Child poverty remains an issue of concern in the Middle East and North Africa (MENA) region. Although the region has made significant progress in reducing extreme poverty and improving health, education and child survival rates, progress has been uneven. Higher-income countries have advanced more than lower-middle-income ones, and those impacted by humanitarian conflicts have seen reversals in child well-being indicators.
Poverty rates in Upper Egypt have decreased compared to previous years because of the focus on social protection programs in the governorates of Upper Egypt, Deputy Minister of Planning, Follow-up and Administrative Reform of Planning Ahmed Kamali said Sunday.
Kamali pointed out in a statement that the government looked at the problems and took the appropriate measures to reduce poverty rates, adding that the Egyptian government is working to address the development gaps in the provinces.
Prime Minister Mostafa Madbouli on Tuesday said the government will continue to support social protection programs and the subsidy system while establishing an accurate and sound database to determine the real beneficiaries.
Nine years after completing an administrative assistant training program in Assiut, a city 250 miles south of Cairo, Samiha Abdel Ghaffar still earns just 700 Egyptian pounds a month (about $42) at her position in a law firm. Each year, about 450,000 students complete vocational programs at the secondary level in Egypt, according to a 2017 report from the country’s official statistical agency.
As Egypt’s poor fall between the anvil of low income and the hammer of price hikes, social protection programs become increasingly deemed as a vehicle for ensuring social and political stability. To this end, the Egyptian authorities plan to launch a new social protection system as of August to help the poor make ends meet as part of a new law for cash subsidies. The bill, which is expected to be passed by parliament later this month, will amalgamate all of the country’s cash-subsidy schemes into the Takaful and Karama program.
A new social welfare law that would see beneficiaries of cash subsidy programmes merged under one umbrella is to be submitted this week to parliament for discussion before it goes to summer recess. The new law includes the criteria and mechanism of choosing those who are eligible to cash subsidies. According to the new law, those getting social solidarity pensions as well as the beneficiaries of Takaful and Karama and the one-year-old Forsa (Opportunity) programme will all be merged and governed by the rules applied to the Takaful scheme.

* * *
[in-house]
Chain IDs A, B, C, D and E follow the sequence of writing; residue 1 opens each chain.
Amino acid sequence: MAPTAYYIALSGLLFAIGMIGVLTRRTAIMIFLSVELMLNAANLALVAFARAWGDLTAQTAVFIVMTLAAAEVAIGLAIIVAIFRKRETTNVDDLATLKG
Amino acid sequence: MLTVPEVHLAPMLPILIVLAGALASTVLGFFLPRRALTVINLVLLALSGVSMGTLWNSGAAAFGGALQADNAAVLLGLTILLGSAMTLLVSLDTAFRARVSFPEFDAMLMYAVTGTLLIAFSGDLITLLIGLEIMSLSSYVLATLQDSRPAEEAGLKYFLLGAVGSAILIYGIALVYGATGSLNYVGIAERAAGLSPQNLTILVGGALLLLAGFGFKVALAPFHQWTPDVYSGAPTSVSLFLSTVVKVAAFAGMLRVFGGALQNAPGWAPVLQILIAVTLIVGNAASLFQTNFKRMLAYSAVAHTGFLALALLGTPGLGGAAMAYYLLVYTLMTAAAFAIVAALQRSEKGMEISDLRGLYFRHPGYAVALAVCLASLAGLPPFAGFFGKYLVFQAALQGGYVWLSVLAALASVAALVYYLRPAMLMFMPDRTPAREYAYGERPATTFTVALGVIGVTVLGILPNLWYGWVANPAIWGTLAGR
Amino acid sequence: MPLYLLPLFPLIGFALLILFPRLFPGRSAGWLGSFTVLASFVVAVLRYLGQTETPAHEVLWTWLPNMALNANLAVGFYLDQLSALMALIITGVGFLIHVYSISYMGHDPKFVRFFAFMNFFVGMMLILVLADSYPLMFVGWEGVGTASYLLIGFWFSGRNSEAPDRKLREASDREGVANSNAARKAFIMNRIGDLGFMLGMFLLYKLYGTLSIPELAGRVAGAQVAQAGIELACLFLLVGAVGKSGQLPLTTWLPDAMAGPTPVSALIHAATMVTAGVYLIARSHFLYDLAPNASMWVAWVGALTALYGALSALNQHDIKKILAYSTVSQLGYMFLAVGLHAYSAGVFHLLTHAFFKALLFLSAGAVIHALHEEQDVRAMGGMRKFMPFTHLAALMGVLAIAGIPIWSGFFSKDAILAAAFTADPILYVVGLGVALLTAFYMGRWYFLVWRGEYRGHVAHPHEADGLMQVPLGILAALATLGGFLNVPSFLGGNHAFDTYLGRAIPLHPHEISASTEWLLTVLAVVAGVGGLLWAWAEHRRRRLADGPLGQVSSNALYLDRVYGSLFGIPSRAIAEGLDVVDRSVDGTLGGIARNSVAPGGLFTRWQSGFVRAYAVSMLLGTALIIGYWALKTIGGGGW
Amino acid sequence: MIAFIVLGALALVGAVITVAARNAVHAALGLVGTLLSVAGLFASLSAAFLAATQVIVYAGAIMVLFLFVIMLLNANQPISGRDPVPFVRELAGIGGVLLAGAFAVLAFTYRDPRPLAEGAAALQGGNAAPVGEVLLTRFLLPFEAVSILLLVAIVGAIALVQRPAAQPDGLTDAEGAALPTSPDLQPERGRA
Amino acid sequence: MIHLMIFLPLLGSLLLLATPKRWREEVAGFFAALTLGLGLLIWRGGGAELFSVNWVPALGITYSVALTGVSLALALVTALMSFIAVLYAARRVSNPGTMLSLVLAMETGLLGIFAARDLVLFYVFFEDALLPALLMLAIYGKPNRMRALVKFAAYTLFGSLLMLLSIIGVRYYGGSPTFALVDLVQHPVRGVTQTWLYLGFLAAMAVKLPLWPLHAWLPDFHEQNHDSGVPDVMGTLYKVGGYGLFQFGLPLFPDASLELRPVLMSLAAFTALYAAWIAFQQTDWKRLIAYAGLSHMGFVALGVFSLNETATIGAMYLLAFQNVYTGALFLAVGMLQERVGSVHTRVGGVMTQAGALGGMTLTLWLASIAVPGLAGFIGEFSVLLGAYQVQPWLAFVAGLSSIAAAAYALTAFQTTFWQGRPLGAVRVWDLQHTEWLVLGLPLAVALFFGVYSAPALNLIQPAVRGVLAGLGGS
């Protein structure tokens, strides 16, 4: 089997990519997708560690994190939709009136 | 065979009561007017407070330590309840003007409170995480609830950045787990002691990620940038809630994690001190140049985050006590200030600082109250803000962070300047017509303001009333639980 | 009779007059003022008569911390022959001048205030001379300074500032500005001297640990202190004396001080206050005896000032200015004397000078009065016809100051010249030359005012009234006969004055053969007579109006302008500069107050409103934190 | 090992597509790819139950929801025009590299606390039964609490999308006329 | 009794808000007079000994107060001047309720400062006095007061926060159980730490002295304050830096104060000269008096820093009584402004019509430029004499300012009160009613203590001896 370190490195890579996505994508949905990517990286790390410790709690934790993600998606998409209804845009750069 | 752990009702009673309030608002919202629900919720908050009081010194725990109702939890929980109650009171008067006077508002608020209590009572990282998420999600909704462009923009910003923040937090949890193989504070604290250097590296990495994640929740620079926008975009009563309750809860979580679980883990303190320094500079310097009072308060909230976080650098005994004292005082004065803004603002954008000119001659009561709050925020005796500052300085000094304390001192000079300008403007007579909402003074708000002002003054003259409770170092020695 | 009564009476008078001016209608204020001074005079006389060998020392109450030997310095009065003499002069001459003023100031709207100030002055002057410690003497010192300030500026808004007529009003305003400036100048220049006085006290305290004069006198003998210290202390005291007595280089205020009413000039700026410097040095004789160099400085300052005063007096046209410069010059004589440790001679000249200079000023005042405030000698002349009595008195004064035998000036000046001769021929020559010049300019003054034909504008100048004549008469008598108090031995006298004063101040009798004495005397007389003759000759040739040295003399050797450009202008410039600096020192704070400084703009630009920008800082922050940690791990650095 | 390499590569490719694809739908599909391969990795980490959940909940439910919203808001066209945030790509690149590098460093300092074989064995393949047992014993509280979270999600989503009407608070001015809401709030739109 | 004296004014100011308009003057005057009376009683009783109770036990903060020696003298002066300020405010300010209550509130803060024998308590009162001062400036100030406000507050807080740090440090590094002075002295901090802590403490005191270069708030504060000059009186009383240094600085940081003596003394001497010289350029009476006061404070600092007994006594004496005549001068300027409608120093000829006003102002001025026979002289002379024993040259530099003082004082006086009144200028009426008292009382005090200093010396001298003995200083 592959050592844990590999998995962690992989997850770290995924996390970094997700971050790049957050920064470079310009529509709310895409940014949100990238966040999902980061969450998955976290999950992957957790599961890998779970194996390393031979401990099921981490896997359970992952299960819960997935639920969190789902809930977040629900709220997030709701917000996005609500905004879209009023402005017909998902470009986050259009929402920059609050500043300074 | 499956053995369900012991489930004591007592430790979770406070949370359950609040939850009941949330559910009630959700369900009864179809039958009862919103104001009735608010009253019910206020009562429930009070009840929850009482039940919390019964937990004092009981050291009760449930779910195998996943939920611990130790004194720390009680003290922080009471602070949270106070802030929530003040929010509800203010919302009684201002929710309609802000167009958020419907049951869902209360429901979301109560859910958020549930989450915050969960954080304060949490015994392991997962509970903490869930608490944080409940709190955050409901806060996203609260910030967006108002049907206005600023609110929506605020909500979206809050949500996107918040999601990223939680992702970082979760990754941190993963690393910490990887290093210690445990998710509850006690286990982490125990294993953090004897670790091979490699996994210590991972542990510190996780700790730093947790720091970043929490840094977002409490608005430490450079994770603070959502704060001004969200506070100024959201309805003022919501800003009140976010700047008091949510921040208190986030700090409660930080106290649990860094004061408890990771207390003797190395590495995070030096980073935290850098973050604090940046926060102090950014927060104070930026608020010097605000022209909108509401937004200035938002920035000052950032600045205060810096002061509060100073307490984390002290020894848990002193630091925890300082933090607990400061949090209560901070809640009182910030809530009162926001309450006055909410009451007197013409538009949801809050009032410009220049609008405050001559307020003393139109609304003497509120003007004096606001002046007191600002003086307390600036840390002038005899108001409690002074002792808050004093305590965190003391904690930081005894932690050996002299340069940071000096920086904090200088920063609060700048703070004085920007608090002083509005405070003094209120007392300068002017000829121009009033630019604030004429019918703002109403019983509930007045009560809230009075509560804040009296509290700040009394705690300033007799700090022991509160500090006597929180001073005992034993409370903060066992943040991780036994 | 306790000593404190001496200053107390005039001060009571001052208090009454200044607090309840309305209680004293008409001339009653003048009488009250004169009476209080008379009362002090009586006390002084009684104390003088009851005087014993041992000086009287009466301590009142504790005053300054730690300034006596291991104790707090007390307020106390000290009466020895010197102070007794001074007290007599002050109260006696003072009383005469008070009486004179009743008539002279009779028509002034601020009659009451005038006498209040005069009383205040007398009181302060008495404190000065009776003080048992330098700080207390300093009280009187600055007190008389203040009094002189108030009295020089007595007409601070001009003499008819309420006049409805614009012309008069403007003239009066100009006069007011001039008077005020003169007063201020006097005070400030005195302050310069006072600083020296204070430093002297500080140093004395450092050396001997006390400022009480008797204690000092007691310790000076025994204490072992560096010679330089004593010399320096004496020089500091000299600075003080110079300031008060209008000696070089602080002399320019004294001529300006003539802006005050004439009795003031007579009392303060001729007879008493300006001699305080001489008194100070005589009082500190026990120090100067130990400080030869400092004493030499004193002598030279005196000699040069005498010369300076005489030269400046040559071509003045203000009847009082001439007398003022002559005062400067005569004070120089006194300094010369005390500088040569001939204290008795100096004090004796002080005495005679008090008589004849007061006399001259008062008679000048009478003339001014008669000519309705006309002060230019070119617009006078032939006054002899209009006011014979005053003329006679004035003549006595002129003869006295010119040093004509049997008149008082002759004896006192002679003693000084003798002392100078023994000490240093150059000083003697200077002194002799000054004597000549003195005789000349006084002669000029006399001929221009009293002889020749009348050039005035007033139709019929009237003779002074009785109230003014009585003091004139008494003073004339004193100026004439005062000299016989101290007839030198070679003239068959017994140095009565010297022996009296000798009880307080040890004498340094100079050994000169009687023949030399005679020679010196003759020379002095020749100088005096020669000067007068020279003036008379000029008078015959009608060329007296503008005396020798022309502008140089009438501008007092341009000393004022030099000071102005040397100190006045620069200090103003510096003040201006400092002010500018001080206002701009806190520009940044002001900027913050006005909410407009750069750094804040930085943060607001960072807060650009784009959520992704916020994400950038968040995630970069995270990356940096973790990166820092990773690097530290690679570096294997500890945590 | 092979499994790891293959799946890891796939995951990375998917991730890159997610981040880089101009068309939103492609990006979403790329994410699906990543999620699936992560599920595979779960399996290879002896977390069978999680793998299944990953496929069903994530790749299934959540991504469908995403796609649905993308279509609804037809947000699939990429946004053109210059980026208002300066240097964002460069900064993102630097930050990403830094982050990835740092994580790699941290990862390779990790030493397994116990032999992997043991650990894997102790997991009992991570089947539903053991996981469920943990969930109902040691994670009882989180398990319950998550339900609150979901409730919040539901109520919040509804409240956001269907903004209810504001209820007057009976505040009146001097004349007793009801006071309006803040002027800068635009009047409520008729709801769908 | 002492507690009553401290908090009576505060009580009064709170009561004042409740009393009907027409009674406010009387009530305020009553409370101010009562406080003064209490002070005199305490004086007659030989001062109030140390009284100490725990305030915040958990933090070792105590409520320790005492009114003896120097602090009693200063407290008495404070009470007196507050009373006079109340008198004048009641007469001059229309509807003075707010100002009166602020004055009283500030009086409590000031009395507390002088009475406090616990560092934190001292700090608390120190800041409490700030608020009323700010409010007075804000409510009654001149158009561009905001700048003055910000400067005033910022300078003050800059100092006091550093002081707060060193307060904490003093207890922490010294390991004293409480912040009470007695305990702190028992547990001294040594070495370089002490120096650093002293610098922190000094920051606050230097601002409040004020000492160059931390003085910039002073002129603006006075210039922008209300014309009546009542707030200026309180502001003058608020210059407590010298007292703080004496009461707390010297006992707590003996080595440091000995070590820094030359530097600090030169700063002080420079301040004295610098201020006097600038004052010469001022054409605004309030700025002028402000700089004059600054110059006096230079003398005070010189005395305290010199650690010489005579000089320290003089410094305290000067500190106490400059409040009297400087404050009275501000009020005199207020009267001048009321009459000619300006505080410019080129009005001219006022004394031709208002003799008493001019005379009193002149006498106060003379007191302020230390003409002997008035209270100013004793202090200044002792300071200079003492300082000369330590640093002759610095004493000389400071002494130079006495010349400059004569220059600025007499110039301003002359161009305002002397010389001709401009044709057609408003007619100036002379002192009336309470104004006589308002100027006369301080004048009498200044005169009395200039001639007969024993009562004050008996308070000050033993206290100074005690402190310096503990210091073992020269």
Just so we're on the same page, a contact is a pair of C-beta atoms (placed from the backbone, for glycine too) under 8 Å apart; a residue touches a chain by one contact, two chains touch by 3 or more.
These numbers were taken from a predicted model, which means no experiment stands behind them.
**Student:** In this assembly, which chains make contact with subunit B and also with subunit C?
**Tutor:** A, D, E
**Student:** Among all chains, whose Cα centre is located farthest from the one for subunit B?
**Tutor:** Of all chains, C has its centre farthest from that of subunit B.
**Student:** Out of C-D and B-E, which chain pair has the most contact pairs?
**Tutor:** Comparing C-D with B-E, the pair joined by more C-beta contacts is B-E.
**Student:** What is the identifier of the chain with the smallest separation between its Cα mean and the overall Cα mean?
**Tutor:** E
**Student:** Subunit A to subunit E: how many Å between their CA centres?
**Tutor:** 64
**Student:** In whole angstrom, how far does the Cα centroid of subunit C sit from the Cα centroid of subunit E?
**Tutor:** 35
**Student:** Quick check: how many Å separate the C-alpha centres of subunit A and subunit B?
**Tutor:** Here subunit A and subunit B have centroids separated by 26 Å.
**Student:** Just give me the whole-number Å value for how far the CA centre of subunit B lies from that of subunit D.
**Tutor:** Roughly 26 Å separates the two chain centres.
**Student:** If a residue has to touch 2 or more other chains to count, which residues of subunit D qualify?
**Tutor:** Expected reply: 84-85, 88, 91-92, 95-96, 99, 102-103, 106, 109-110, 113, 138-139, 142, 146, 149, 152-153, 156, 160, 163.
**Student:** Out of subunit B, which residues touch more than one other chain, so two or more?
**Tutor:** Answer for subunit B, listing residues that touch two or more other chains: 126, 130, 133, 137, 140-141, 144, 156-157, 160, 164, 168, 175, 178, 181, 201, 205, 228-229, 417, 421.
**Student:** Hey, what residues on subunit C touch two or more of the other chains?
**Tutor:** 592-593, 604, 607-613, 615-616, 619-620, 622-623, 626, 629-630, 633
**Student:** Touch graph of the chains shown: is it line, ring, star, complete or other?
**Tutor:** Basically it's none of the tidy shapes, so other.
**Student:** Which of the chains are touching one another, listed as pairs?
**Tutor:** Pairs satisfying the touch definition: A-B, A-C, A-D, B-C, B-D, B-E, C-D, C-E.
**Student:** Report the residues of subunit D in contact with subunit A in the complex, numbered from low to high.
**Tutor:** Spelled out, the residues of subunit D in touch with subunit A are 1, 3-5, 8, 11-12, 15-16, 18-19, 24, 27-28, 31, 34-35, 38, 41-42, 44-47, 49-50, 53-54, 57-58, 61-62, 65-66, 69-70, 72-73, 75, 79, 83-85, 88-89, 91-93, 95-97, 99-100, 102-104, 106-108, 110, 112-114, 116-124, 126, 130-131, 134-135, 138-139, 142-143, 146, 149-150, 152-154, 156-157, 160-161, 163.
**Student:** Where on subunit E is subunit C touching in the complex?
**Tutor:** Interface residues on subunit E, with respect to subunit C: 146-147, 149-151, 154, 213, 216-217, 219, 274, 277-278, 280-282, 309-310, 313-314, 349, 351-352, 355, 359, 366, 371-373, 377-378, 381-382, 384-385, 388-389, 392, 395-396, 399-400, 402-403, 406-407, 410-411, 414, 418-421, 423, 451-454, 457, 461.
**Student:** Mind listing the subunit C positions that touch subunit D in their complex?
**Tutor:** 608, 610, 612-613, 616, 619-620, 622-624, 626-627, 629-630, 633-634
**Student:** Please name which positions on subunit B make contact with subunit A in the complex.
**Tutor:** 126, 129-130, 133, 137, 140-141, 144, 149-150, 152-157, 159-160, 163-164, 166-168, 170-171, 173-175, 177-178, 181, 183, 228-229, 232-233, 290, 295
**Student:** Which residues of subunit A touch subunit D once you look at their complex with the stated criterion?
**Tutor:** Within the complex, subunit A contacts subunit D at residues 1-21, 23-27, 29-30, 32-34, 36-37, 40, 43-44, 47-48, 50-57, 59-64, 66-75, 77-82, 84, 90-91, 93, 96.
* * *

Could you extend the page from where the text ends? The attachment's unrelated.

Egypt' Prime Minister Moustafa Madbouly arrived on Friday at the operations room formed at the cabinet's Information and Decision Support Center (IDSC) to follow up the implementation of new transport fares in governorates after the new shifting in the prices of petroleum products earlier on the day. Egypt increased fuel prices early Friday in its latest round of subsidy cuts under a reform package. The latest cut in fuel subsidies is a condition of a $12-billion loan secured from the IMF in November 2016. A source earlier said that Cairo Governor Khaled Abdel-Aal is curr
OPINION: Egypt continues implementing its reform program as the government is expected to lift the fuel subsidies after it has gradually cut them several times since 2014.
The World Bank approved new funding of $500 million for three years to help Egypt strengthen the country's social safety nets, the Ministry of Investment and International Cooperation said Wednesday. The new financing is aimed to support the expansion of the “Takaful and Karama” cash transfer programme, which was launched in 2015, for an additional three years, the ministry said in a statement on its official website. The Takaful and Karama programme, which translates to "Solidarity and Dignity," was launched in 2015 with $400 million in financing from the World Bank.